Two years have passed since the tragic death of YSU student Jamail Johnson.
For almost the same length of time, his mother, Shirlene Hill, was forced to endure a tumultuous legal process riddled with mishaps, poor communication from the prosecutor’s office and the murderers making a mockery of the situation by goofing around in their orange jumpsuits before Judge John Durkin entered the room.
Still, she sat there. Quiet. Resilient.
During that time, YSU has planted a memorial tree in his honor and has hosted several events aimed at stopping violence in the city.
But with everyone responsible for the crime behind bars, there’s little left to occupy the pages of newspapers.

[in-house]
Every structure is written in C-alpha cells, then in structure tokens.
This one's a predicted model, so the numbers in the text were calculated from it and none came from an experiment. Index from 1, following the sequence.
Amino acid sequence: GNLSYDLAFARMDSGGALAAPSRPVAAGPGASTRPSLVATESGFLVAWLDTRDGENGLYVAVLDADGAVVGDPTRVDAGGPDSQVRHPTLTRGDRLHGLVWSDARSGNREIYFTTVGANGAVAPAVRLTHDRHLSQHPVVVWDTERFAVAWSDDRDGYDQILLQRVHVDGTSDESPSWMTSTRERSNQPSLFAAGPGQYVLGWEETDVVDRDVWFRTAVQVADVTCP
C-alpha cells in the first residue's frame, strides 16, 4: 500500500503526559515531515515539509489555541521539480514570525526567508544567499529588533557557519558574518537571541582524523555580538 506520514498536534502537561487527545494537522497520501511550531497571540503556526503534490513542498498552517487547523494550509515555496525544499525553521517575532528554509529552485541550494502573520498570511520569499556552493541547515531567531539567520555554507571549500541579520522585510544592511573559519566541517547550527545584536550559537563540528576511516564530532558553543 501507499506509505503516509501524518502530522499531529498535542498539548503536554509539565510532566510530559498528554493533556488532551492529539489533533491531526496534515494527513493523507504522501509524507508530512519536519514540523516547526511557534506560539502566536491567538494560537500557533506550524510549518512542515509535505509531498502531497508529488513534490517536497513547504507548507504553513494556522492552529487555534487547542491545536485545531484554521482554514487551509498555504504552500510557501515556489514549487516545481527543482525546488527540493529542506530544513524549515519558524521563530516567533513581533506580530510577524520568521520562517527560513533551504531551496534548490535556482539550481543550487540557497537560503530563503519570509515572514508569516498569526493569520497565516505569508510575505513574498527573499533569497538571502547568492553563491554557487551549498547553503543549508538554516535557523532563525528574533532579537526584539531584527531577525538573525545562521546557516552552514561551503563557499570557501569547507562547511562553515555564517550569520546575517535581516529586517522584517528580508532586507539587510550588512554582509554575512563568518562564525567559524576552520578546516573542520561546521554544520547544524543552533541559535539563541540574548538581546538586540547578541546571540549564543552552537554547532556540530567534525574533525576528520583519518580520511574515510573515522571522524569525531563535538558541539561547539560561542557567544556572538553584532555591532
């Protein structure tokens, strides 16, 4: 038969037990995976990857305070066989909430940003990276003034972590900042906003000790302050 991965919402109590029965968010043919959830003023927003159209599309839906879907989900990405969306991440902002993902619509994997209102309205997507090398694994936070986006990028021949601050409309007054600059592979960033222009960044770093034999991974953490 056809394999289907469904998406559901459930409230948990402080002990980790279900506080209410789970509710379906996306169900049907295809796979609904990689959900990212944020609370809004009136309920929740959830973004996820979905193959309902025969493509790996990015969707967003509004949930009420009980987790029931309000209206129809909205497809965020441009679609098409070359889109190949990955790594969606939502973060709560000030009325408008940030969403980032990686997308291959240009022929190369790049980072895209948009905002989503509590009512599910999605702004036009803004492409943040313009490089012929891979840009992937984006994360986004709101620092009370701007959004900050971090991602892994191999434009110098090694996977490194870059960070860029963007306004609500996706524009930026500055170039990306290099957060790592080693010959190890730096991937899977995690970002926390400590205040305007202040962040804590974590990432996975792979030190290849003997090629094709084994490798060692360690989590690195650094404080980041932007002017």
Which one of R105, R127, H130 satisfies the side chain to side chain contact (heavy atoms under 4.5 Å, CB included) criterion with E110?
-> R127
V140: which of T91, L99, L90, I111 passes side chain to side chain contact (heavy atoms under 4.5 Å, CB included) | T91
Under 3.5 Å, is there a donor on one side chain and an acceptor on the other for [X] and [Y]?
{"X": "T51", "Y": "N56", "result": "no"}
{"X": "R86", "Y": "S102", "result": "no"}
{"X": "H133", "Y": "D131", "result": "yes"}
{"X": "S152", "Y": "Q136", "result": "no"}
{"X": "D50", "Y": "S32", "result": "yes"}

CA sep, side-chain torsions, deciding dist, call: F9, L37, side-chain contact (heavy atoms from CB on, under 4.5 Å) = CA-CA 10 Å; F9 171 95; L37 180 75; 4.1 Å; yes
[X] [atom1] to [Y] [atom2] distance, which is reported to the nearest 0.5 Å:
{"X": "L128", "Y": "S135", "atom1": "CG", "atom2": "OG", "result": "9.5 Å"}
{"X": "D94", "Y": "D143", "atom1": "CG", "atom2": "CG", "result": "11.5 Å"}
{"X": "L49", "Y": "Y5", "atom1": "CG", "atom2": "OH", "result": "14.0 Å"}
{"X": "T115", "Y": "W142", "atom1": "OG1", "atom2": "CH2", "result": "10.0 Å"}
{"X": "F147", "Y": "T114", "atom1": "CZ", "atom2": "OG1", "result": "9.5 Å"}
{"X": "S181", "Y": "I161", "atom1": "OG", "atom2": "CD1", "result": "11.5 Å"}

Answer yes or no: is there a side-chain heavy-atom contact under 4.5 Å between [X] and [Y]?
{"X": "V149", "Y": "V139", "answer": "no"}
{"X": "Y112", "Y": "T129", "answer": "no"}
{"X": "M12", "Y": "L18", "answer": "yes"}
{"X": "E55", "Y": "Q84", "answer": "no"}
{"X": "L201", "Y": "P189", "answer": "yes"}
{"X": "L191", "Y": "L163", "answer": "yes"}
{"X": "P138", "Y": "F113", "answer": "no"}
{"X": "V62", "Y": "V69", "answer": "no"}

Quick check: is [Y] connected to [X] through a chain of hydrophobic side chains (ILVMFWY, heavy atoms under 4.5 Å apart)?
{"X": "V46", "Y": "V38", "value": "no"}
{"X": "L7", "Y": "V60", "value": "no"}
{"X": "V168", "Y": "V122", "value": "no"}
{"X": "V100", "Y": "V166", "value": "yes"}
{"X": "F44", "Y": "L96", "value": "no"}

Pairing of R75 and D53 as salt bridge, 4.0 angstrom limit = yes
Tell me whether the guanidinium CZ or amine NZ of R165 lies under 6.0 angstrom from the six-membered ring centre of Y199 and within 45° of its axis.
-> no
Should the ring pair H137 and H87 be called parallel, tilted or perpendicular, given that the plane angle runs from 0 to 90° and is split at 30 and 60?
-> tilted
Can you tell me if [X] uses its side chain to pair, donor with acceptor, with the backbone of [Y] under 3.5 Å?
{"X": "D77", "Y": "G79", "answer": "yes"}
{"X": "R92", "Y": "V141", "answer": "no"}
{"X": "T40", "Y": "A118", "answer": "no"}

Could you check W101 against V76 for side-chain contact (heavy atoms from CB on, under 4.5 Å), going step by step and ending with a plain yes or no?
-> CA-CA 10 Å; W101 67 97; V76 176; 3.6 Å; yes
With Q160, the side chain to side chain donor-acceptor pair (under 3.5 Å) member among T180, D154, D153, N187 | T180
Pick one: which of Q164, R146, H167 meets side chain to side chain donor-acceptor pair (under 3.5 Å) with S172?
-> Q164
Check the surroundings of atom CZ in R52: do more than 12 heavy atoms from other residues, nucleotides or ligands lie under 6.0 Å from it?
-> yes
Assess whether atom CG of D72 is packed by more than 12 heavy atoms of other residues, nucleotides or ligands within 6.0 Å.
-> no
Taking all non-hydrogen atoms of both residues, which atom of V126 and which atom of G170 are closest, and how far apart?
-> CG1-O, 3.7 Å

Jamail is gone, yes, but he’s certainly not forgotten. His story lives on through us. We continue his legacy.
When tempers flared at the Indiana Avenue residence, most occupants fled. Johnson stood his ground and attempted to mediate. His peacemaking efforts ultimately cost him his life.
But his heroism that night has never been debated.
Horrendous and heartbreaking as it was, it’s the sort of thing we emulate.
We have a limited number of years, days and hours to live. Spend them wisely. Live them bravely.